Gibraltar Gibraltar Forster Foto

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    English Pronounciation

    The Costa del Sol enjoys a typical Mediterranean climate, with sunny, hot summer weather and mild winters, which make it a great holiday destination year-round. As the name suggests, the coastline receives more than 320 days of sunshine per year. Summer temperatures reach an average high of 86°F (30°C), and the winter temperatures seldom drop below 50°F (10°C) on the coast.

    Inland temperatures have greater extremes, with scorching summers and cold winters. Rainfall is sporadic and pretty much limited to the winter months, with the majority falling in November and December; the rain usually comes in the form of intermittent, light showers which give way quickly to sun and blue skies. The temperature of the ocean seldom falls below 68°F (20°C) meaning that swimming is almost always a possibility and is enjoyed in spring and autumn as well as summer.

    Summer, between June and August, when the heat is tempered by frequent sea breezes, is by far the most popular time to visit the Costa del Sol. Spring, especially late April and May, when temperatures average between 73°F and 80°F (23°C and 27°C), is also a glorious time to visit.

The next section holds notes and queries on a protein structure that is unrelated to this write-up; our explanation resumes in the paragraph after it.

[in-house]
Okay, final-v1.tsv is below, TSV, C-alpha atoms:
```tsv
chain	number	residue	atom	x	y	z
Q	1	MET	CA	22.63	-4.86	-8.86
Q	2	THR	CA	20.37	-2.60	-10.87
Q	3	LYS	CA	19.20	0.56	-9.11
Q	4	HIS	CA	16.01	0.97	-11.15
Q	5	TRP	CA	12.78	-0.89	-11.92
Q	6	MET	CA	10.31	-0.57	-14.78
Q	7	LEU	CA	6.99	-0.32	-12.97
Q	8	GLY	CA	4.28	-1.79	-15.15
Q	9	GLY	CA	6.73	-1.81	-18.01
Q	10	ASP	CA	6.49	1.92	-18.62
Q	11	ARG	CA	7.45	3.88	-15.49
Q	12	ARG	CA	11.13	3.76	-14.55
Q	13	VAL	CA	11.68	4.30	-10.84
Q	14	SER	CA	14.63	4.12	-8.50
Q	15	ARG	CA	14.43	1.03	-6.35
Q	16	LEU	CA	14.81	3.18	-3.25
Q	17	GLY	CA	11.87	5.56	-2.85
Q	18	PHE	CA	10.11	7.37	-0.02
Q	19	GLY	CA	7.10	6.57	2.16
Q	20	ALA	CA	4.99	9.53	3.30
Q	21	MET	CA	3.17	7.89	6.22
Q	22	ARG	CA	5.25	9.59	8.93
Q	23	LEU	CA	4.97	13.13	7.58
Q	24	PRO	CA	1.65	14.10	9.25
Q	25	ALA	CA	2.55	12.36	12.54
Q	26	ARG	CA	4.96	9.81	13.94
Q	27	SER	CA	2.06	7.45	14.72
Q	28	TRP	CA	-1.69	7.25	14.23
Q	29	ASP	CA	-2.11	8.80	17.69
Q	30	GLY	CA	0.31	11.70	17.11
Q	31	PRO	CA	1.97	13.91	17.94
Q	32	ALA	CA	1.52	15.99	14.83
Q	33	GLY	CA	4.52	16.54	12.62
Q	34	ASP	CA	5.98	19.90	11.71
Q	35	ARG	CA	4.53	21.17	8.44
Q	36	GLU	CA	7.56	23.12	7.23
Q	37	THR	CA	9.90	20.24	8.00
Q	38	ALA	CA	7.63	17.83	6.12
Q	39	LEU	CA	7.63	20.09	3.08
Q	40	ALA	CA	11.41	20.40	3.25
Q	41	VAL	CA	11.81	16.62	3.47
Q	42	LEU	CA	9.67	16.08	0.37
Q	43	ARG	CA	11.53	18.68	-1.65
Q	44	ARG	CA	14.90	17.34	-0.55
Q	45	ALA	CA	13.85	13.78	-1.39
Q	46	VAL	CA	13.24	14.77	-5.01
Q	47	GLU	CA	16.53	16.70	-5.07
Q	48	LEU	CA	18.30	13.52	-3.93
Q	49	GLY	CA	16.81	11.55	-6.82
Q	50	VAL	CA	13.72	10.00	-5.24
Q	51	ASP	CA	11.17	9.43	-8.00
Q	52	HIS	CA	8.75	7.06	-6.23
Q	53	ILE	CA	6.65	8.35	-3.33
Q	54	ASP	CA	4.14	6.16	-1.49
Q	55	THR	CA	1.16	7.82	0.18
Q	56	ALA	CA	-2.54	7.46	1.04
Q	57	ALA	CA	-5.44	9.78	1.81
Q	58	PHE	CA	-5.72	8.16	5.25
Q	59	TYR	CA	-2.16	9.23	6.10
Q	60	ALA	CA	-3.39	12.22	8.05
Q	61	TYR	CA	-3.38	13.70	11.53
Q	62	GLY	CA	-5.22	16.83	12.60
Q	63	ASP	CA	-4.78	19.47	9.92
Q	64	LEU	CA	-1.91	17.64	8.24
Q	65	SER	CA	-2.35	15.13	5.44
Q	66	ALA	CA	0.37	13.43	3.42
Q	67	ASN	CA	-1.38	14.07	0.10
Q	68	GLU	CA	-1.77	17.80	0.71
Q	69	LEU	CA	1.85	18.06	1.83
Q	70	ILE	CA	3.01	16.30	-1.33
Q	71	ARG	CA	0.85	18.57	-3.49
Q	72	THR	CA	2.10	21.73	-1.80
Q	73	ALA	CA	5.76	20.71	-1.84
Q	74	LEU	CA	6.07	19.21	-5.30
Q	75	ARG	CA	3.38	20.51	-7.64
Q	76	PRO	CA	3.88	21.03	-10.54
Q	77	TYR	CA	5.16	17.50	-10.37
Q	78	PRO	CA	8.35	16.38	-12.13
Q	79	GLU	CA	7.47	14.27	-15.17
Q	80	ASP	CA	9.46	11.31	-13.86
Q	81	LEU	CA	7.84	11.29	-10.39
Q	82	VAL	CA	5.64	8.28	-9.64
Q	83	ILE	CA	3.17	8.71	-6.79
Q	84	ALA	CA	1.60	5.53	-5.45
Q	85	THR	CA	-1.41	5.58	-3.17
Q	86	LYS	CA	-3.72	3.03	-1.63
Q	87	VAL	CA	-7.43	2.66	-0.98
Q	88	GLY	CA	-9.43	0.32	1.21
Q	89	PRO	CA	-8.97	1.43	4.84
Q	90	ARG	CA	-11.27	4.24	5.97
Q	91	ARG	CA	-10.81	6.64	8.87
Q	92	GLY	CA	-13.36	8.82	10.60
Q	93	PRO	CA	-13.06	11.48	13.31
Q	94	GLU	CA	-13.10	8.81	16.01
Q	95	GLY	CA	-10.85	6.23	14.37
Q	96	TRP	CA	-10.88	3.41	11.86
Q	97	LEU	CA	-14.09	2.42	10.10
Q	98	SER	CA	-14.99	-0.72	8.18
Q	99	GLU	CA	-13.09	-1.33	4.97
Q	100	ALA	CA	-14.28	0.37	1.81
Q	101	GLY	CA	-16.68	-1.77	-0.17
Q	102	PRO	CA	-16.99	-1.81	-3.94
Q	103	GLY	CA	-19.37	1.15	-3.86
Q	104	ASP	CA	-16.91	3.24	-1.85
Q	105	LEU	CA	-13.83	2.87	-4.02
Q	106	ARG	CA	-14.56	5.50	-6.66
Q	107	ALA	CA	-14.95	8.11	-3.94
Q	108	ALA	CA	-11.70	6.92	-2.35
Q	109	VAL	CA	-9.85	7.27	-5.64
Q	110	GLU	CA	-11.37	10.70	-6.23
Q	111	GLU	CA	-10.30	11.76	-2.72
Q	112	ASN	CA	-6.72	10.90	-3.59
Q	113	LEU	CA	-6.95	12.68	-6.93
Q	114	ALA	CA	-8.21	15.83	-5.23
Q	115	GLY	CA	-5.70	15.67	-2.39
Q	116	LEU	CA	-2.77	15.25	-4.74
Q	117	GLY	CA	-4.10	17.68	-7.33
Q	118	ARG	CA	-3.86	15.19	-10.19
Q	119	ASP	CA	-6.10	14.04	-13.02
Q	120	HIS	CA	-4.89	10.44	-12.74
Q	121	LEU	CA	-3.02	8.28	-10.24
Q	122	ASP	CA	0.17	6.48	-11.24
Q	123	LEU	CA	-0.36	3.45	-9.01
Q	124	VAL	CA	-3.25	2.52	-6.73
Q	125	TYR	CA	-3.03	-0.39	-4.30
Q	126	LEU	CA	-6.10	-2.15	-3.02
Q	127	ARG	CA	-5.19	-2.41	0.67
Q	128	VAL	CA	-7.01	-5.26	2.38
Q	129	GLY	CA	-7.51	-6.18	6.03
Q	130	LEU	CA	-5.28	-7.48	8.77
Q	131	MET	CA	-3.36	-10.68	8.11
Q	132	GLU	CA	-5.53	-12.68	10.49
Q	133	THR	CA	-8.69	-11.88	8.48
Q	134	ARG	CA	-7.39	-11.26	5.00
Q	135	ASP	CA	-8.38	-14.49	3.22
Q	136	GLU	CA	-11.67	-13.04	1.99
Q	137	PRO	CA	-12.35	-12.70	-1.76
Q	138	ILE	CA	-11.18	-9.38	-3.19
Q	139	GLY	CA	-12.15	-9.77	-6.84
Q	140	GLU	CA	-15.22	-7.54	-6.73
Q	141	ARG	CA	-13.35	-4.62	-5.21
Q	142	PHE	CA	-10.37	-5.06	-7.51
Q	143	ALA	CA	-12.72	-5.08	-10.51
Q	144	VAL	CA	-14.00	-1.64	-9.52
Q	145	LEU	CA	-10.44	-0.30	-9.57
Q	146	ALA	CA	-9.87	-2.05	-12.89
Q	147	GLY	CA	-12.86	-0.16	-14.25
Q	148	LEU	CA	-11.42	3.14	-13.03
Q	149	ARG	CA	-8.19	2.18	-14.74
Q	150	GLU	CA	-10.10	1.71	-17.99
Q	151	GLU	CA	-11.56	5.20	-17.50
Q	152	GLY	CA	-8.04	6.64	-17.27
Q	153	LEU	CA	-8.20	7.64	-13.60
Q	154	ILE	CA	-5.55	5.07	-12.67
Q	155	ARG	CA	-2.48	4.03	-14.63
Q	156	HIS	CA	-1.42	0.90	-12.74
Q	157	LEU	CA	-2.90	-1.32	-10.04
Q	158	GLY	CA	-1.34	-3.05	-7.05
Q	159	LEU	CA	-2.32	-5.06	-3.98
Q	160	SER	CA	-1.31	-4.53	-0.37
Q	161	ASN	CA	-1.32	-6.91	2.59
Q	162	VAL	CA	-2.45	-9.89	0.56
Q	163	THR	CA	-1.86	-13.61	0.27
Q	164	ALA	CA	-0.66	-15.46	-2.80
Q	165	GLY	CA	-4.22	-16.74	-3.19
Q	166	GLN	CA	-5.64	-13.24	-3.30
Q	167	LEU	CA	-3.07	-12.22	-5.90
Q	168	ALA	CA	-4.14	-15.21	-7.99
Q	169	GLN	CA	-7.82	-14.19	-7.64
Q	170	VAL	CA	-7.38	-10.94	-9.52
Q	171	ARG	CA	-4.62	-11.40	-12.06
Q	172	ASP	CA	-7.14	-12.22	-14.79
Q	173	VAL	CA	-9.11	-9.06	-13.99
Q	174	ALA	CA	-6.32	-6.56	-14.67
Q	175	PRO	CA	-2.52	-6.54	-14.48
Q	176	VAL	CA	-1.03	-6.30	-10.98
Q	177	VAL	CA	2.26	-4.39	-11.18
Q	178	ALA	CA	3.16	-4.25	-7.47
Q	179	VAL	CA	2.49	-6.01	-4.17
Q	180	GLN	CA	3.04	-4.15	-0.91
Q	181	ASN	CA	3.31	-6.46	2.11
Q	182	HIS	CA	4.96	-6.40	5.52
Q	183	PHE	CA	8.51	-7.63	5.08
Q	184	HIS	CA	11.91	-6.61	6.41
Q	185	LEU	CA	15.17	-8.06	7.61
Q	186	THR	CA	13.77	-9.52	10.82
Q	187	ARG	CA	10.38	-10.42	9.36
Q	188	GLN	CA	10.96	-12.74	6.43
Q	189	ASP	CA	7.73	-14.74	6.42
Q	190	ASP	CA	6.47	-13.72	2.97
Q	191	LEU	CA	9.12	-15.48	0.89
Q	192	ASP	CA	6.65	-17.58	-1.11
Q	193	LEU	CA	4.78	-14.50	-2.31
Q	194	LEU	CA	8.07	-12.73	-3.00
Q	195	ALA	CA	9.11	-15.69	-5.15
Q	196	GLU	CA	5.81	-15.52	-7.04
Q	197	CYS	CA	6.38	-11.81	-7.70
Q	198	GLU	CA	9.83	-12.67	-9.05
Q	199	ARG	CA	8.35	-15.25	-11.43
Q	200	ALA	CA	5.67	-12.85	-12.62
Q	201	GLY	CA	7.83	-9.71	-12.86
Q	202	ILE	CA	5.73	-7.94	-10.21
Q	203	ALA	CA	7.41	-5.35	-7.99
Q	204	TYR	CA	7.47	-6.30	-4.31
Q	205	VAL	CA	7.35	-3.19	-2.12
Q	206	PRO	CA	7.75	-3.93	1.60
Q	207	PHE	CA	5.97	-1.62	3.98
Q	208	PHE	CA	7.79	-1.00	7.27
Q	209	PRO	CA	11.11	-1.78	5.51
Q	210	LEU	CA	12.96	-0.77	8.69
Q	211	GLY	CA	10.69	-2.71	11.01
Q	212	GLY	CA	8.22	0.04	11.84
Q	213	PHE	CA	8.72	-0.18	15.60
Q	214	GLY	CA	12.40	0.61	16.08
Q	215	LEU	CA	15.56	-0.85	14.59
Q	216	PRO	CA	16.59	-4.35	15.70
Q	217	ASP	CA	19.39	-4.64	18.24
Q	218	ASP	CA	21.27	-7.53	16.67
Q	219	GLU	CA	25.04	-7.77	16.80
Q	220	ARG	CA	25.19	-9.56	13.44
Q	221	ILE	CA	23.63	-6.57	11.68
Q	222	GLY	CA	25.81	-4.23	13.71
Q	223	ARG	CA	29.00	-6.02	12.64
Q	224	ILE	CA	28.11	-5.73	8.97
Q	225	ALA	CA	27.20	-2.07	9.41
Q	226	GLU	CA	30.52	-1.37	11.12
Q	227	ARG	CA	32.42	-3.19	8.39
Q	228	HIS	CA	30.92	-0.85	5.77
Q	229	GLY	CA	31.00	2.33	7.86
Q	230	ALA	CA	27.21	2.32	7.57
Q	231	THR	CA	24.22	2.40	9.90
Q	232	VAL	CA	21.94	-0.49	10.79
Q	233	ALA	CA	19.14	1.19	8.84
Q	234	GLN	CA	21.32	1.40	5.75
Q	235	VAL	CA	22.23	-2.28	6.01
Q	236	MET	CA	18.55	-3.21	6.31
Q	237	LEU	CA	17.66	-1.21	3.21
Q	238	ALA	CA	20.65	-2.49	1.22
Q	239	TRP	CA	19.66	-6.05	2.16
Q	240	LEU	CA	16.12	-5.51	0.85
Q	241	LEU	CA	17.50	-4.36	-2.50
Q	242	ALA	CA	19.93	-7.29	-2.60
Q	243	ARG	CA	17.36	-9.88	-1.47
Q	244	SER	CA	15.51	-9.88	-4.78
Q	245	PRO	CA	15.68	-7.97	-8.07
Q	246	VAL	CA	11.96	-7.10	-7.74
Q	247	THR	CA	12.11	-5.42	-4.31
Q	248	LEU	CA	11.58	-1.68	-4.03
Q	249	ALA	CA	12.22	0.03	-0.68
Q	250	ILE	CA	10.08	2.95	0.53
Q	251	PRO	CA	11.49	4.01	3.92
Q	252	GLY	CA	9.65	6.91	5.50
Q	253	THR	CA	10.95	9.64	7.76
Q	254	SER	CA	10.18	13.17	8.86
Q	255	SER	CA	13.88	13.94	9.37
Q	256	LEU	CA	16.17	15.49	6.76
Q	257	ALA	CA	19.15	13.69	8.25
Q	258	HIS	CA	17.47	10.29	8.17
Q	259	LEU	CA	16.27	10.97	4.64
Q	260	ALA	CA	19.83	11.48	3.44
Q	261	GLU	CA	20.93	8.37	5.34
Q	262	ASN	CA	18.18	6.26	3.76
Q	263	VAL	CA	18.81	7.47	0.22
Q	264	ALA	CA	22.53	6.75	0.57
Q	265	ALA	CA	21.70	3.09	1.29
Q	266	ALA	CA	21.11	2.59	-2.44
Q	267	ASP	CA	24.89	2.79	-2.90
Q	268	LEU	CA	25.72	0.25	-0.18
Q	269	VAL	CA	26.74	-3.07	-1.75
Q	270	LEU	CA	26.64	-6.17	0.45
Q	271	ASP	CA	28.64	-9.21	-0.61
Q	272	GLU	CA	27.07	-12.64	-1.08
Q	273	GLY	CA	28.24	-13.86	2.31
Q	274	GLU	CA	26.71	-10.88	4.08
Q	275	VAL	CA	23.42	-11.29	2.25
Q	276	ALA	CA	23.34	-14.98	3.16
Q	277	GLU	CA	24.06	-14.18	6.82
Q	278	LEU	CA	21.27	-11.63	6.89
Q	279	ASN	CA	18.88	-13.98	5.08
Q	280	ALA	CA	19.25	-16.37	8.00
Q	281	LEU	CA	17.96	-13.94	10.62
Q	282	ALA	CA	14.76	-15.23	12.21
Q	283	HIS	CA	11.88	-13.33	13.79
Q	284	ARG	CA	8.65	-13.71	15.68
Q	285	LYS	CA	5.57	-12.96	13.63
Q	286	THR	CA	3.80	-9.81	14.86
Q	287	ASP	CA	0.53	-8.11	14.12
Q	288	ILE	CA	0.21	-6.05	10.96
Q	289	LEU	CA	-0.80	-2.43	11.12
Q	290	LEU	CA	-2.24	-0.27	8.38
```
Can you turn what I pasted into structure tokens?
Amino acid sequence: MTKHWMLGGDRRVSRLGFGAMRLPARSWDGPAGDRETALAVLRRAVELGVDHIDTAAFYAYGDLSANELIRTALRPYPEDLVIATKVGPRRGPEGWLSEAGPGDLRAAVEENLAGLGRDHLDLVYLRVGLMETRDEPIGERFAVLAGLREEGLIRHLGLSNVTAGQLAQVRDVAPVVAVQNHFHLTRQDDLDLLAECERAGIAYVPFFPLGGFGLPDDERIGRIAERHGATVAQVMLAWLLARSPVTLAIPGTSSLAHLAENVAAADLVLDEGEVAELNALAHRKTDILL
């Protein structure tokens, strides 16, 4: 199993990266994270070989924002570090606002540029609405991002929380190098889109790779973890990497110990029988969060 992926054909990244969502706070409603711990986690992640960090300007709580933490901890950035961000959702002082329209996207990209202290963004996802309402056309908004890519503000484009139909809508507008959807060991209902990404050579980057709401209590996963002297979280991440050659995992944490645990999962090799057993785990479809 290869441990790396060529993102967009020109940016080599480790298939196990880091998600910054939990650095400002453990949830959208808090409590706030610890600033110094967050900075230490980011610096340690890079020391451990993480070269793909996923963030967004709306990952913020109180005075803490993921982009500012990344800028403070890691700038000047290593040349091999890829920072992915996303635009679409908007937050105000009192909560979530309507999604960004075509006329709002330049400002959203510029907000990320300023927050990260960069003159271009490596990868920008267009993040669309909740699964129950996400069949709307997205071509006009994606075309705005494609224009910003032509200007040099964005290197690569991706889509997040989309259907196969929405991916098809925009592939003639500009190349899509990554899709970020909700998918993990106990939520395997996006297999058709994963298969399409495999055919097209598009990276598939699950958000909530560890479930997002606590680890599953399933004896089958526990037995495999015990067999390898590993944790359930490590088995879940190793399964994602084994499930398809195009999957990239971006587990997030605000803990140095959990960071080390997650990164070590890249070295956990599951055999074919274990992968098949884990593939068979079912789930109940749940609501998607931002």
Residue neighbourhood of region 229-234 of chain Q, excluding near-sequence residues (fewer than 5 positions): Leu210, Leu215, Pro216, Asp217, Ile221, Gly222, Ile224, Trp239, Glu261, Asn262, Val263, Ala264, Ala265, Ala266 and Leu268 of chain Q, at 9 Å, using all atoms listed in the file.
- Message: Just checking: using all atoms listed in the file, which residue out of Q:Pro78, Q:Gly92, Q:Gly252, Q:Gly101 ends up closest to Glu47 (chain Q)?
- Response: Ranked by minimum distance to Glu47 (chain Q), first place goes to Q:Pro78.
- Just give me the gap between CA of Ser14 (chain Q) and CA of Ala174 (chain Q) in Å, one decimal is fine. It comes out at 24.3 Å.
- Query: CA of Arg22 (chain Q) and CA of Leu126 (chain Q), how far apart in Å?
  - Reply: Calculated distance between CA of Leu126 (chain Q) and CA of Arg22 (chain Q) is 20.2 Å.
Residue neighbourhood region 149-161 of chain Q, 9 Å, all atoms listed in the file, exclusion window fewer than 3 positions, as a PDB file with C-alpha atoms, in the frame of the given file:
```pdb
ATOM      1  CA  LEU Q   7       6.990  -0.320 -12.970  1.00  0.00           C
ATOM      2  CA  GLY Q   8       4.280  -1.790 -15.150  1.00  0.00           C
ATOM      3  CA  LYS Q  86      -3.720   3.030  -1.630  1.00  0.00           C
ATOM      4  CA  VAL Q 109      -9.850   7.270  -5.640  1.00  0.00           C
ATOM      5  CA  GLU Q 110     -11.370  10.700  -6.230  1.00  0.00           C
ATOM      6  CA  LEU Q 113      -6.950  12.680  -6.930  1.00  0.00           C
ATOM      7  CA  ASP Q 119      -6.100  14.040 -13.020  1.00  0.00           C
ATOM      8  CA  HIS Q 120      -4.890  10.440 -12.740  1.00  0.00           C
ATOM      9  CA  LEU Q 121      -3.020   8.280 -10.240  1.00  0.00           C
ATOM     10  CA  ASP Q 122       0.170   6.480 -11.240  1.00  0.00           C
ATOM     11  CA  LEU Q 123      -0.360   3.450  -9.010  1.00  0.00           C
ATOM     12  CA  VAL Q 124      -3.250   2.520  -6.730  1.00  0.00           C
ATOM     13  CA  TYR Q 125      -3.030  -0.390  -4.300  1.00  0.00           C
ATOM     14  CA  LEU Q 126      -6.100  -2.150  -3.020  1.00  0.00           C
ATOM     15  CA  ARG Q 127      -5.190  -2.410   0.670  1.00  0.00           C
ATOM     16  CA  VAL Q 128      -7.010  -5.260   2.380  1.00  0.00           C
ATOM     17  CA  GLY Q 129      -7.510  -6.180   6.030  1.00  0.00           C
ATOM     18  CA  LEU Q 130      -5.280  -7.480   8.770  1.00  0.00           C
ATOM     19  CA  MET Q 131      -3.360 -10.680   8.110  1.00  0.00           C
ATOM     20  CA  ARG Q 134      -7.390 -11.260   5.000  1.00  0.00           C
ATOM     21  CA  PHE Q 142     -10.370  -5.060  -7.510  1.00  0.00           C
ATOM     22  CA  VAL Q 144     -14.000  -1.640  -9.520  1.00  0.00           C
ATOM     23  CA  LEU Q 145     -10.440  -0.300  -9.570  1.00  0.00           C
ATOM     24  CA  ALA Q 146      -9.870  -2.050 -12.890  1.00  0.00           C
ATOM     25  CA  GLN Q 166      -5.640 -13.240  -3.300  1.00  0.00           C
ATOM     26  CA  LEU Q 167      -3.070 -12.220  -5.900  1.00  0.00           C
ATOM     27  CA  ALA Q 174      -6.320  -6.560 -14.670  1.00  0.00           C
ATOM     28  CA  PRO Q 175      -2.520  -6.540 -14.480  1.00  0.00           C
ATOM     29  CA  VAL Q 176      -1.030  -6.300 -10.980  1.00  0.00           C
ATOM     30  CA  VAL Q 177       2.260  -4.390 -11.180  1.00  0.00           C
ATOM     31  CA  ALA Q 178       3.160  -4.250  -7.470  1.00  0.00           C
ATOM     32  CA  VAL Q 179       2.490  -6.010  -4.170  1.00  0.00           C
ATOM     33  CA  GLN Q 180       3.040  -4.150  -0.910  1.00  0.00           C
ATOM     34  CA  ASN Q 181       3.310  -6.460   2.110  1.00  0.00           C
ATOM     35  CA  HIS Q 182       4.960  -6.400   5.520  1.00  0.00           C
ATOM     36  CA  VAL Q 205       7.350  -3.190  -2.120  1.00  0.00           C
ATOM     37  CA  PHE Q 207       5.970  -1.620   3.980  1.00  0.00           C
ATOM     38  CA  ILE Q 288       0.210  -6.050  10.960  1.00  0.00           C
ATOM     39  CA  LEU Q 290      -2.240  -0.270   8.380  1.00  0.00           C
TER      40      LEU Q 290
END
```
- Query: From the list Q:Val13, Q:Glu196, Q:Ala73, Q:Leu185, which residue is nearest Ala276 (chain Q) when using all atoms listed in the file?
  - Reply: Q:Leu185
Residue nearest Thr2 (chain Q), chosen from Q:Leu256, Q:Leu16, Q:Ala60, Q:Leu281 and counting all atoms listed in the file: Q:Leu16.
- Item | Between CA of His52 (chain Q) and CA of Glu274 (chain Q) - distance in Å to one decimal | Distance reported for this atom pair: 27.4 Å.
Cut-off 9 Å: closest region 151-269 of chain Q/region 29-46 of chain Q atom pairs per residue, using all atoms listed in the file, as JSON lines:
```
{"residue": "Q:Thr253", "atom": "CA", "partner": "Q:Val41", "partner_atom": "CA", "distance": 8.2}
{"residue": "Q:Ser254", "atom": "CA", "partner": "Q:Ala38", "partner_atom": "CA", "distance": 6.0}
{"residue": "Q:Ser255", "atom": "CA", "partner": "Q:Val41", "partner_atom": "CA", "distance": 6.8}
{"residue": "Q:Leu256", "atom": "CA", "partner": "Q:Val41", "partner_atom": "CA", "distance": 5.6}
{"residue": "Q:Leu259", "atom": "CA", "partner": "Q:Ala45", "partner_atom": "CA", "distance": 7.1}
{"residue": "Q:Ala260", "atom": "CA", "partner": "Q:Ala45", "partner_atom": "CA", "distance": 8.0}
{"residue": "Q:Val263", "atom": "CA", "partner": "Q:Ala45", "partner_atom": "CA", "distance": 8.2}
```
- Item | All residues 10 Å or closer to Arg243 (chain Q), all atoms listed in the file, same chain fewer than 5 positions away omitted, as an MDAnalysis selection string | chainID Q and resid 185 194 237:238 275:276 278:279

Malaga International Airport
    Location: Malaga Airport is located four miles (6km) southeast of the city centre.
    Time: GMT +1 (GMT +2 between the last Sunday in March and the last Sunday in October).
    Transfer Between Terminals: The three terminals are adjacent and connected.
    Getting to the city: Buses, trains and taxis all serve Malaga airport. A bus leaving to Malaga city centre departs regularly and the journey takes only 15 minutes. Taxis outside the airport add airport carrying charges and take approximately 20 minutes to reach the city. There are regular trains to Malaga, Torremolinos and Fuengirola.
    Car Rental: Car rental companies represented at the airport include Avis, Europcar and Hertz, among others.
    Airport Taxis: Taxis can be found outside the arrivals area of the terminal building. Fares are higher at night.
    Facilities: Facilities at the airport include a bank, ATMs, currency exchange, restaurants and bars, shops, a post office, the National Museum of Air Navigation and Transport, and a VIP lounge.
    Parking There is plenty of short-term and long-term parking available at Malaga Airport.

    Once lined with a string of small fishing villages, the Costa del Sol is now dominated by purpose-built resorts and apartment buildings. The beaches are the coastline's greatest attraction, but there are plenty of other things to see and do, with any number of amusement parks and water parks, excellent golf courses, and a very active nightlife at many of the resorts.

    Although the historic towns and villages along the Costa del Sol have been somewhat diminished by tourism, it's still possible to get a glimpse of the old Spain. The old town centres in Malaga, Marbella and Mijas are well preserved, and are now home to art galleries, boutiques, and restaurants.

    Those seeking a more authentic Spain will need to head to inland, where the small villages remain undeveloped and the spectacular natural parks offer dramatic walking and cycling trails. Ronda is a popular excursion, with its iconic bridge and famous bullring.

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    No direct flights from Heathrow to this Destination